This is the danger for us all, here and now. As it was for Athens, so could it be for us. And the consequences could not be greater.

Here’s where you can access the whole article.

I’ll leave it to you to respond individually to this terrifying tale.

This article was originally published on The Political Sword

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10 comments

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  1. RosemaryJ36

    Greatest number of deaths other than in wars?

  2. New England Cocky

    Hmmm ….. seems to pre-date “Lord of the Flies” by a few years and yet recognises the same behaviours.

    But why the despair when Scummo and the Happy Clapper Band of Misfits are there to lead us all in prayers and hallelujahs to scare away the nasty little COVID-19 virus particles. Why even Donnie Trumpery is saying that we must get out, go about and infect everybody we can so that the USA (United States of Apartheid) can lead the world in the number of infections, the number of deaths and the profiteering of personal protection equipment.

    Yep!! The USA should be afraid today because control of this pandemic is rapidly passing out of the capability of their government, such as it is.

    Now what was that about the Wuhan Military Games?

  3. wam

    ad astra per aspera was my school motto.
    with the reverence in which I hold you, I felt it odd that my mind shot to the dibley council meeting where the great storm and the great freeze but pretty obviously that was due to ignorance and reliance on my ‘suppository’ of knowledge.
    After a few seconds of scanning I would, pretty disgustingly prefer the great plague of athens over covid 19 where the former world put smirko et al 6 foot under and the latter puts the pricks on a 6 foot pedestal.
    it could have been labor now, thanks booby, my political life began with menzies’ marching on the spot and now ending with a religious wrecking ball. who relies on the truth of his ignorance

  4. Jack Cade

    Wam.

    I disliked Menzies, the ace draft dodger. And I deplored his politics. But he didn’t retire a multimillionaire from graft and corruption, and the only arse he kissed was Betty B’s.

  5. New England Cocky

    @Jack Cade: Yep!! Ming was a life long apologist for the Gothe Saxe Coberg German royal monarchy (aka Windsor after 1916 to pacify the English peasants who were being slaughtered on an industrial scale by the incompetent English High Command in WWI).

    After retirement from Austrian politics, Ming, aka Pig Iron Bob, received the Royal redundant position of Lord Warden of the Cinque Ports (or was that Lord Warden for sinking ports?) in recognition of his willingness but inability to control Churchill during WWII. Indeed, at that time Ming was chucked out of government when he proposed sending Australian troops to Europe rather than defend Australia against the approaching Japanese.

    Perhaps his “best trick” was resigning his Australian Army commission on the first day of WWI. (Yes, I have read his military file).

  6. Phil Pryor

    Bitter and twisted, twitter and bisted, that’s us over certain reminiscences, and slightly faulty recalls. Menzies family had sent a son and wanted Bob to remain.., who can say? As for his later career, it is so amusing that Bob’s friends and colleagues hated him enough to get rid of him in 1941. But he was drenched in imperial sentiment and wanted to rise on merit to be establishment material, even scheming to be a kind of war imperial dominion prime minister. ( he was barely 10% of Smuts and some others). Bob would eventually take anything to rise from Jeparit born nonentiy, through brilliant legal career, on through establishment Melbourne society, to possible Great Man a la Lloyd George (only a bloody solicitor, like Jack Howard my old classmate.) and into the books they all crave, where others might believe their self seducing fantasies. The British Royals are now about the longest running, largest, parasitical blot on society…Menzies set a pattern of attractive precedence to misfits, as Jack Howard and A Abbott, the Manly Masturbator, have yearned to be super similar… yet our dogshit deficient dummies and dickheads in office are superior to the Orange Orifice overseas…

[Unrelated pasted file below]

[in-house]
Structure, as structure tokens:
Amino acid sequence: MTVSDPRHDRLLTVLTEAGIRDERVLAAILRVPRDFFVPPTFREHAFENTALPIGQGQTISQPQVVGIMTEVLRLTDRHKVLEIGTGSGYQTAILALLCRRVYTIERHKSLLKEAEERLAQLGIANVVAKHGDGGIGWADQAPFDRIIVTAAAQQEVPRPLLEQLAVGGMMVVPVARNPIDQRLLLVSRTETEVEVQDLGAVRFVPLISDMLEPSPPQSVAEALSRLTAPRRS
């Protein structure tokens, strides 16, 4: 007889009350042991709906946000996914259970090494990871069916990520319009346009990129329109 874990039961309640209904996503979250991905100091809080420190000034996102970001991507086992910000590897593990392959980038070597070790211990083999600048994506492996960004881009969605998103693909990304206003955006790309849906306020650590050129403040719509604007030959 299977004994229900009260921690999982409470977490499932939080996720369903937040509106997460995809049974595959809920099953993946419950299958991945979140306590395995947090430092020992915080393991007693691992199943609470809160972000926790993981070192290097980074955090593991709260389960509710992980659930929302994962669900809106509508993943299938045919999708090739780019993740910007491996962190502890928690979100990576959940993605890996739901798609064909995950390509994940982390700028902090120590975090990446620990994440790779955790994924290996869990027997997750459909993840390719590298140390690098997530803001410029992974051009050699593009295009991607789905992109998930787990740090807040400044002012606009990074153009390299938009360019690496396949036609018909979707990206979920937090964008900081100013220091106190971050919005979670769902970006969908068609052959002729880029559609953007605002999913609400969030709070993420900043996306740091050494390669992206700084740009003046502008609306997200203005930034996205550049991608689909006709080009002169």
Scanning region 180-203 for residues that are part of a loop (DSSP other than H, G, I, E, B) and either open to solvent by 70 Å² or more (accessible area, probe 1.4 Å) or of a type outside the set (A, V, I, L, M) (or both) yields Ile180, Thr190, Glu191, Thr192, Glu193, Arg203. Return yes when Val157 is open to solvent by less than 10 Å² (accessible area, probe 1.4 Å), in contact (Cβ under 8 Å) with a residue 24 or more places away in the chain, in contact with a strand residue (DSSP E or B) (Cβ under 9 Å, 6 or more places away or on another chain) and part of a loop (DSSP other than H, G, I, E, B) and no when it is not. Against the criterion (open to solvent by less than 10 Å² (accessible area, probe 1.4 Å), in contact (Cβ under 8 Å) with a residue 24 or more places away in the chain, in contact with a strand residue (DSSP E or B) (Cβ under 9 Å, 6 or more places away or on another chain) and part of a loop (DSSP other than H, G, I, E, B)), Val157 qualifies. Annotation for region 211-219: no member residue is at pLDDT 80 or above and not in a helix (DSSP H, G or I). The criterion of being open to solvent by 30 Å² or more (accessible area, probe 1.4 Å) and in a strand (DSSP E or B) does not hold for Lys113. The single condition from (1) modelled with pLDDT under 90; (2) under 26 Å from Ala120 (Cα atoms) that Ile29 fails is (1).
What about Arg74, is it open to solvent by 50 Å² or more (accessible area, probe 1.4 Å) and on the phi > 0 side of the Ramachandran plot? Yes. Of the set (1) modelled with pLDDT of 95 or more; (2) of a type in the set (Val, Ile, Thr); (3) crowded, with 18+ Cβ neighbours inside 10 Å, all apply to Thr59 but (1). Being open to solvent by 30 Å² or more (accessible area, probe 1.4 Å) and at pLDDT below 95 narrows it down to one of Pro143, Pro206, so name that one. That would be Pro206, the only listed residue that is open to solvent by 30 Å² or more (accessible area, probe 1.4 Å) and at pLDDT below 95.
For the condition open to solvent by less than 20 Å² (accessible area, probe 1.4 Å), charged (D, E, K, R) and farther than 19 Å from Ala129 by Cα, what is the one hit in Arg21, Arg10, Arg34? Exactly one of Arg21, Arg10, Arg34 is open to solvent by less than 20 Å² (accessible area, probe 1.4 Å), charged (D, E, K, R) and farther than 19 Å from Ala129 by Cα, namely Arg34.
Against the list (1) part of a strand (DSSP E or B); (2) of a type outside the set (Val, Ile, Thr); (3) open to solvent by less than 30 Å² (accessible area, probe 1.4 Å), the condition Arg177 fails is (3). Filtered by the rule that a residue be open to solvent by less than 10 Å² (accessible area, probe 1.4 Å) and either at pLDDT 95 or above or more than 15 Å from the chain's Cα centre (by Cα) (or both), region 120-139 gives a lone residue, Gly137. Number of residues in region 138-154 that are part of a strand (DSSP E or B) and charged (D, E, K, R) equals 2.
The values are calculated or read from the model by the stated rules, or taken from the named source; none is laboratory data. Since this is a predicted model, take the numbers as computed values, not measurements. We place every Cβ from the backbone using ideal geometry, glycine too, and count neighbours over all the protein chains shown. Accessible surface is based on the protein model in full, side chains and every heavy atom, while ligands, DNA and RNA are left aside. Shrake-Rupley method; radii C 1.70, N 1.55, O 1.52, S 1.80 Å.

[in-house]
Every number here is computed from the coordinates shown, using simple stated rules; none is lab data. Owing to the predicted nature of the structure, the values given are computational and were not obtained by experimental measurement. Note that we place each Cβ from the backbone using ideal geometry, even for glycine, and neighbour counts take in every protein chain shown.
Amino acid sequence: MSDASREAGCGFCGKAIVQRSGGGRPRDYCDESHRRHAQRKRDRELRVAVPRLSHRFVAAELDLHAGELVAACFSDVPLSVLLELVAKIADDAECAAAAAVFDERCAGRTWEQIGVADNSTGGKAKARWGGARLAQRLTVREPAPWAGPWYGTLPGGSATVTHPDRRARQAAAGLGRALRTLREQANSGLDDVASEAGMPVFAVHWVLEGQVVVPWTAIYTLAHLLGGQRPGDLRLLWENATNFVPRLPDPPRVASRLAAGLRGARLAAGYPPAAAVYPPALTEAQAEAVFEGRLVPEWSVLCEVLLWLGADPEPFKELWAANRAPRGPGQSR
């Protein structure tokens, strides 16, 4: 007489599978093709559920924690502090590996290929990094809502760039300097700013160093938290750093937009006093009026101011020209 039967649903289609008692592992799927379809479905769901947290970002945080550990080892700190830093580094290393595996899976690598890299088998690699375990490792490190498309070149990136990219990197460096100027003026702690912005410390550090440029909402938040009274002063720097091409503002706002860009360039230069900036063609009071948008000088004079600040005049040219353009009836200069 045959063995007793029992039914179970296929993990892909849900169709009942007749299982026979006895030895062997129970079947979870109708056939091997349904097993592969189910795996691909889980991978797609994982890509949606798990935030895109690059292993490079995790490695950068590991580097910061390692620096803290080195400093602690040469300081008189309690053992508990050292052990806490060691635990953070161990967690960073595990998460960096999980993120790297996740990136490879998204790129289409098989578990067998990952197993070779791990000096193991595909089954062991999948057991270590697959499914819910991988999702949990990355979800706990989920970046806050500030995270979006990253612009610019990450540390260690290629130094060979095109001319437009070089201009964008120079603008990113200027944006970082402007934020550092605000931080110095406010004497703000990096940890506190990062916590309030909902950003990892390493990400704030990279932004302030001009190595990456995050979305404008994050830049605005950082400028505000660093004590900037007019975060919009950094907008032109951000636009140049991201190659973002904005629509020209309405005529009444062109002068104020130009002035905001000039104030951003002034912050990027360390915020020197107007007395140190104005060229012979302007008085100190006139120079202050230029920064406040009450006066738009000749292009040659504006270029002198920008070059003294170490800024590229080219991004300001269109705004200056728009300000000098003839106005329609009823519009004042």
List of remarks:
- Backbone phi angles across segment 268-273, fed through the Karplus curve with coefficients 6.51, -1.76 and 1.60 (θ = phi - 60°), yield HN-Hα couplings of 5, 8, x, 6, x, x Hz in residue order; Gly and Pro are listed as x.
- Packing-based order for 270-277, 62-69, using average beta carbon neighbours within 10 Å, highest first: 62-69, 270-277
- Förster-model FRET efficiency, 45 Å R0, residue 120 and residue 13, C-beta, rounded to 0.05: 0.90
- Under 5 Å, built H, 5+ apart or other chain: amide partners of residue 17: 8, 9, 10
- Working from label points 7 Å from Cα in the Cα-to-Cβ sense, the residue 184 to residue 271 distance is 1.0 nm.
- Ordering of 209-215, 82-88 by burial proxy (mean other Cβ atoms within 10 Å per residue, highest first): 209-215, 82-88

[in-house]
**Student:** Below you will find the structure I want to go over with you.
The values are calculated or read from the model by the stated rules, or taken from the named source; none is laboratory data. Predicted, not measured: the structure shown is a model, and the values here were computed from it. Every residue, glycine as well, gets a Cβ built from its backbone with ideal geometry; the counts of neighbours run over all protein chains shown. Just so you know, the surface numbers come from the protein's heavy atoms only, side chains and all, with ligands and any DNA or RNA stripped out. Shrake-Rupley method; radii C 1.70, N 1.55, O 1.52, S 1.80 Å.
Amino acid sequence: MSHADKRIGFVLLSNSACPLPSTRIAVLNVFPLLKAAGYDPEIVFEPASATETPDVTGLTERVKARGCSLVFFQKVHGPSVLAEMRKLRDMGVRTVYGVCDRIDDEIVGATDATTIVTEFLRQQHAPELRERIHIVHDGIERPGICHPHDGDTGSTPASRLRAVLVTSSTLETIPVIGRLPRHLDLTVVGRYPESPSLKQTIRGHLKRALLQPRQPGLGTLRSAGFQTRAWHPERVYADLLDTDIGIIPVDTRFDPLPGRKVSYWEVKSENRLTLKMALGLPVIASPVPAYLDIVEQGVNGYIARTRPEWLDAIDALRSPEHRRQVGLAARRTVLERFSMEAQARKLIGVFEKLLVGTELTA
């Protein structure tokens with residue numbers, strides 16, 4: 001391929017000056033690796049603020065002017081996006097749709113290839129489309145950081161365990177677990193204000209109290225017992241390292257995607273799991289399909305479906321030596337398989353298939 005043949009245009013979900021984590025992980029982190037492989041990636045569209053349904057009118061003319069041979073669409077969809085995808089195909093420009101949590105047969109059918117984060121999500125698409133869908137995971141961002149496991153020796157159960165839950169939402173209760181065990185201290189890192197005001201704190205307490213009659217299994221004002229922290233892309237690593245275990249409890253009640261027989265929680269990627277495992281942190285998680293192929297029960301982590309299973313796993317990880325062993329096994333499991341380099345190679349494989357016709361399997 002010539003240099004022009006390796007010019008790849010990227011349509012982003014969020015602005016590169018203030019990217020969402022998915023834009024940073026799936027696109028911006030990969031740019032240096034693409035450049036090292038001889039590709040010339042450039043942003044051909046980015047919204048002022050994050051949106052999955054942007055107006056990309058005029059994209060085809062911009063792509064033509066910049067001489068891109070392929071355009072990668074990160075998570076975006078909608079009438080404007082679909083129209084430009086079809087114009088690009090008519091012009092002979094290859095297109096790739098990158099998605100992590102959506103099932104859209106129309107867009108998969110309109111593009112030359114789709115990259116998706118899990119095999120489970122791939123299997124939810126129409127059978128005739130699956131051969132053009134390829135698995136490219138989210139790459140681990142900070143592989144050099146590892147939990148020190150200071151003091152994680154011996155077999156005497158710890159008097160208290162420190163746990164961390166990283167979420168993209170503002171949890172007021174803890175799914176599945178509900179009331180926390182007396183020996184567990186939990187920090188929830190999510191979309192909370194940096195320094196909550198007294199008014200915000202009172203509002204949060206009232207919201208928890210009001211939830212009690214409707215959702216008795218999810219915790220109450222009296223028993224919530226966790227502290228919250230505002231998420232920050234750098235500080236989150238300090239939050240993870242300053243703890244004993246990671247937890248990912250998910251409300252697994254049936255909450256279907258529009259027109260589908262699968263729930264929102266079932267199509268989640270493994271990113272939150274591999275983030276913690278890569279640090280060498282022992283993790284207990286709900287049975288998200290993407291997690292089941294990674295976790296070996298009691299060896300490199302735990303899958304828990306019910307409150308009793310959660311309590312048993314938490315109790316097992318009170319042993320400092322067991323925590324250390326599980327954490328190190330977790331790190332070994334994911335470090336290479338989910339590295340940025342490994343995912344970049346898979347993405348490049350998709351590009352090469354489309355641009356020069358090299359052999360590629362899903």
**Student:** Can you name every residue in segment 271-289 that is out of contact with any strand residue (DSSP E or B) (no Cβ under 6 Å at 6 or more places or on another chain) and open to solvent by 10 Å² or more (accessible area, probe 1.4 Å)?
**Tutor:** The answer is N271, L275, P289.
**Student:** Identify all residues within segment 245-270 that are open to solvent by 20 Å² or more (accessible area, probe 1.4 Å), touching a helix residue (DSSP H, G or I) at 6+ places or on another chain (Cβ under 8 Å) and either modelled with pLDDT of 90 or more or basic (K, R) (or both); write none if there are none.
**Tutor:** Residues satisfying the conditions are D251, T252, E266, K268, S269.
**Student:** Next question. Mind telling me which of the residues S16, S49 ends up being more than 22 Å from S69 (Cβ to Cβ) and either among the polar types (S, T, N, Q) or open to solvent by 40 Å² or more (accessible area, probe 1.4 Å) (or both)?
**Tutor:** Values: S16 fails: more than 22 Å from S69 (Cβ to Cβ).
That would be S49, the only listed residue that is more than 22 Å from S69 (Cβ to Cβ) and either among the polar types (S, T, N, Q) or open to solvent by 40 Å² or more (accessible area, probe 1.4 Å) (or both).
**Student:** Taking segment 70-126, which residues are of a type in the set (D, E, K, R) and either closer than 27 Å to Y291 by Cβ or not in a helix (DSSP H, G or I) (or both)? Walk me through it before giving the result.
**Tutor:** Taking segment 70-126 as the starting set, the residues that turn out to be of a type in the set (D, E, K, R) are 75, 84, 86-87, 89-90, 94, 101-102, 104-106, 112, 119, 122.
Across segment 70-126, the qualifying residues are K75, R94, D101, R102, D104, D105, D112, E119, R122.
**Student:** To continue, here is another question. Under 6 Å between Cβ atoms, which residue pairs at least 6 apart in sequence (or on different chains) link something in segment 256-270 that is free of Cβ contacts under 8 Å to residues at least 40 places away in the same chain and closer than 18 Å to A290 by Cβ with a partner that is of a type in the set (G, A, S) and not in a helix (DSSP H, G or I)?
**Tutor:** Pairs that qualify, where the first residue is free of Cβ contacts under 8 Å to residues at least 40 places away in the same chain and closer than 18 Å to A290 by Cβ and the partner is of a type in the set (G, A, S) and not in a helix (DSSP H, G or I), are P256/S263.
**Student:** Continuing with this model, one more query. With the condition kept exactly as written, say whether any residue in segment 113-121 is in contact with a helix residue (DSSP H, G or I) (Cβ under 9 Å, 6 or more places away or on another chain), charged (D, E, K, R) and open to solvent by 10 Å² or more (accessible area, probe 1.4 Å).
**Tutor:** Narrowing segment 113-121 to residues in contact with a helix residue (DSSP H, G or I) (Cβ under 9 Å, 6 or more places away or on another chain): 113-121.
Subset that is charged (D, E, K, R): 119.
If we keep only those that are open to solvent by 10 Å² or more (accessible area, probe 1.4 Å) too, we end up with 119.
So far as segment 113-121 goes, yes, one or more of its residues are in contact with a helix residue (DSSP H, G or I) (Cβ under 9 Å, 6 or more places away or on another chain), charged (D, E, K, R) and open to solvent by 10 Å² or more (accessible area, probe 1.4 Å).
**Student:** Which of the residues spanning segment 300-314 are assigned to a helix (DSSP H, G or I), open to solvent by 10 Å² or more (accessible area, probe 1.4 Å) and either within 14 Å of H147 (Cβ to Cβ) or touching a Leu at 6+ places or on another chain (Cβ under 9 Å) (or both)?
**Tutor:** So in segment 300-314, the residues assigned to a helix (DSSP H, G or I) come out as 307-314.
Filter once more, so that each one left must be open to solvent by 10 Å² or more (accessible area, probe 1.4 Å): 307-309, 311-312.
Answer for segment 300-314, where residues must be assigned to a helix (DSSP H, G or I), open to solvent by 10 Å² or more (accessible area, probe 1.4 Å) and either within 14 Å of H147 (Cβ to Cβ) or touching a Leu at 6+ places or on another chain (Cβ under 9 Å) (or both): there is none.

7. Geoff Andrews

    Rosemary J36
    You are right to question that assertion.
    Apparently there were 745 influenza deaths in Australia in 2017. and that about this time of the year there were already over 400 deaths. It’s probably still more dangerous to go for a drive.
    But how good is capitalism? The oil producers are paying $40 a barrel for people to take the bloody (oops!) stuff off their hands and petrol at my local service station is just over 80 cents a litre. It will be so interested to see if NASA’s co2 readings around the world are affected.

  8. Ad Astra

    wam
    Thank you for your complimentary remarks. My school motto was ‘sic itur ad astra’, thus my nom de plume.

  9. Bruce

    From the WHO: “Lower respiratory infections remained the most deadly communicable disease, causing 3.0 million deaths worldwide in 2016”. https://www.who.int/news-room/fact-sheets/detail/the-top-10-causes-of-death There is some way to go to crack that record. Wouldn’t it be nice if not one more person died of COVID-19? We could put this thing to bed and go back to normal.